An extract from John Farrer The Man who Changed Hornsey by Janet Owen
London was sucking in people from the countryside as its industrial strength grew throughout the nineteenth century and its dramatic increase in population shaped the growth of Hornsey parish. People of all social classes arrived in the capital and the population exploded from 959,310 in 1801, to 2,808,494 in 1861, to become 4,521,685 by 1911.
The poor had no choice but to put up with the slums and rookeries near their work. The middle classes had the money to afford horse drawn transportation, and later the tram, to take them to and from their offices to the suburbs. In the last quarter of the century inexpensive passenger rail fares accelerated the rate at which the lower middle classes and the working classes sought refuge beyond city pollution.
As the wealth of Victorian London was created, a combination of factors – the emphasis on thrift, the setting up of building societies and freehold land societies, the aspiration to rent or buy your own home, improved and cheap transportation and relatively inexpensive prices for building land – all played their part in creating the right conditions for suburban development.
These factors played their part in the development of Hornsey in the second half of the nineteenth century, though the District had attracted the wealthy merchants of London for centuries and the population of the parish increased in the first half of the nineteenth century as well as in the second half.
Pastures and meadows
In the late 1860s Hornsey was still mainly grazing pastures and hay meadows and Highgate and Hornsey villages, Crouch End and Muswell Hill were small settlements. A certain type of suburban development had taken place already, particularly in the west of the District. As well as small estates and land owned by the ecclesiastical authorities, there were increasing numbers of villas and detached houses in their own substantial grounds.
These were occupied by the middle classes, mostly in trades, who could afford to live beyond their places of work in the growing and polluted metropolis. Hornsey was promoted as an attractive and healthy place in which to live and its middle class occupants intended keeping it that way, as did the Local Board.
The selling of land
The building of houses depended on the availability of land on which to erect them. In Hornsey, land was often not released for building until an estate owner died. The first changes to the status quo came in the mid-1860s. In 1865 the Birkbeck Freehold Land Company acquired the Grove House Estate, on the corner of Middle Lane and Hornsey High Street.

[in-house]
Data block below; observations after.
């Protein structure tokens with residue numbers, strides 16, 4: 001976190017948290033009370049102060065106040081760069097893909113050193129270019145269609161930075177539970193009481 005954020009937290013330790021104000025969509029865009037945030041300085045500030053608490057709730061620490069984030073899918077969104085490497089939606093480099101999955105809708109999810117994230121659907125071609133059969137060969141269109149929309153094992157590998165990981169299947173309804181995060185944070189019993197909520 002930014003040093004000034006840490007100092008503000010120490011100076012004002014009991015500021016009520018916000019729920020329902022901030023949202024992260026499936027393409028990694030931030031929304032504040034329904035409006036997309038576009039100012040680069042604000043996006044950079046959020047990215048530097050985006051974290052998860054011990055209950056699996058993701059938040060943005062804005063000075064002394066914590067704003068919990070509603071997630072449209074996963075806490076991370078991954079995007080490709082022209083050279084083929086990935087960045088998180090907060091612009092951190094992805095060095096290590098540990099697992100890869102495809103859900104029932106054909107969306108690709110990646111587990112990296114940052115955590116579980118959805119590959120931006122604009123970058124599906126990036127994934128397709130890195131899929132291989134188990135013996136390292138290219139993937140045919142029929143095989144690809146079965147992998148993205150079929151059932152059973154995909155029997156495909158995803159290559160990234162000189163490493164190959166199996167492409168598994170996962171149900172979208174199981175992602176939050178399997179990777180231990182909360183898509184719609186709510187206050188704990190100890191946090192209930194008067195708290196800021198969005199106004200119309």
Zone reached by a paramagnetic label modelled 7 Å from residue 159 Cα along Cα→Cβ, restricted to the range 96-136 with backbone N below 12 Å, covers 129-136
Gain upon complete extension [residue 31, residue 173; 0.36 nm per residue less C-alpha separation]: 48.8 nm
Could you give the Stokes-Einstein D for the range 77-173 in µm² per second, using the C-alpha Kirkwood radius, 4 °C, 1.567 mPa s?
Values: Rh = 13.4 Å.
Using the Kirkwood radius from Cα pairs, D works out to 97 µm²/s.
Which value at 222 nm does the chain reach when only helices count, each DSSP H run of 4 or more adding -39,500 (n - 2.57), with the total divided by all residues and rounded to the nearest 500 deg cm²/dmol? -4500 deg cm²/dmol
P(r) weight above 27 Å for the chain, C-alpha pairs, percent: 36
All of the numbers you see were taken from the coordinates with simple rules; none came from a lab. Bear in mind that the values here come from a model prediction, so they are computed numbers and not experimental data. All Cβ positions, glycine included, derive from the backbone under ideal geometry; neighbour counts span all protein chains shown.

In the same year William Eady died. He owned Campsbourne Lodge, a house with beautiful grounds, below Alexandra Park. Two years later his family sold the estate to the British Land Company which built streets of small houses on it. Building of the St. Mary’s Estate, west of the church, off the High Street, began in the 1870s. The long-standing Rector of Hornsey, Canon Richard Harvey, resisted disposal of the glebe land to the south of the church. Hornsey Vale was built over in the 1870s and Ferme Park Road laid out in 1877.
A series of events exacerbated Hornsey’s urbanisation. Canon Harvey retired in 1880 and the glebe land south of the church was finally sold for housing and shops. Henry Weston Elder of Topsfield Hall died in 1882 and his widow Sarah and son Henry Hugh accelerated their selling of land to builders. Old Crouch Hall and Lindslade House were demolished and replaced with Bank Buildings and other shops.
In the same year, William Bird J.P. sold his Crouch Hall Estate to the Imperial Property Development Company Ltd. In 1884 Crouch Hall was pulled down and houses constructed in Crouch Hall Road and other new roads around. Two significant deaths were to come. Sarah Elder died in 1892 and the rest of the Topsfield Hall Estate was sold two years later. In 1896 Joseph Warner died, the head of the family which owned the large Priory Estate both sides of Priory Road.
The transformation of Muswell Hill
An end to rural life in Muswell Hill came in 1895-96. James Hall Renton, a wealthy stockbroker, owned two large mansions, The Limes (rented until 1887 to Charles Edward Mudie who ran a very successful lending library business) and Fortis House which Renton occupied. On Renton’s death in 1895 the properties were sold to Frederick Manson who sold them on in April 1896 to James Edmondson the builder.
In 1895 Samuel Soames sold his Fortismere Estate to William Jeffries Collins who bought ‘The Firs’, to the south west, the following year. Muswell Hill was soon transformed by bricks and mortar. Although I have not come across a record of Farrer working with either Edmondson or Collins, he was closely associated with Richard Metherell an important developer in Muswell Hill Road and of the Woodlands Estate.
As a result of all this activity the population of Hornsey grew, from 7,000 in 1851 to 37,000 in 1881 (in round figures). It had increased to 61,000 by 1891 and to 75,500 by the time Hornsey became a municipal borough in 1903.
John Farrer The Man who Changed Hornsey by Janet Owen, HHS, 2009.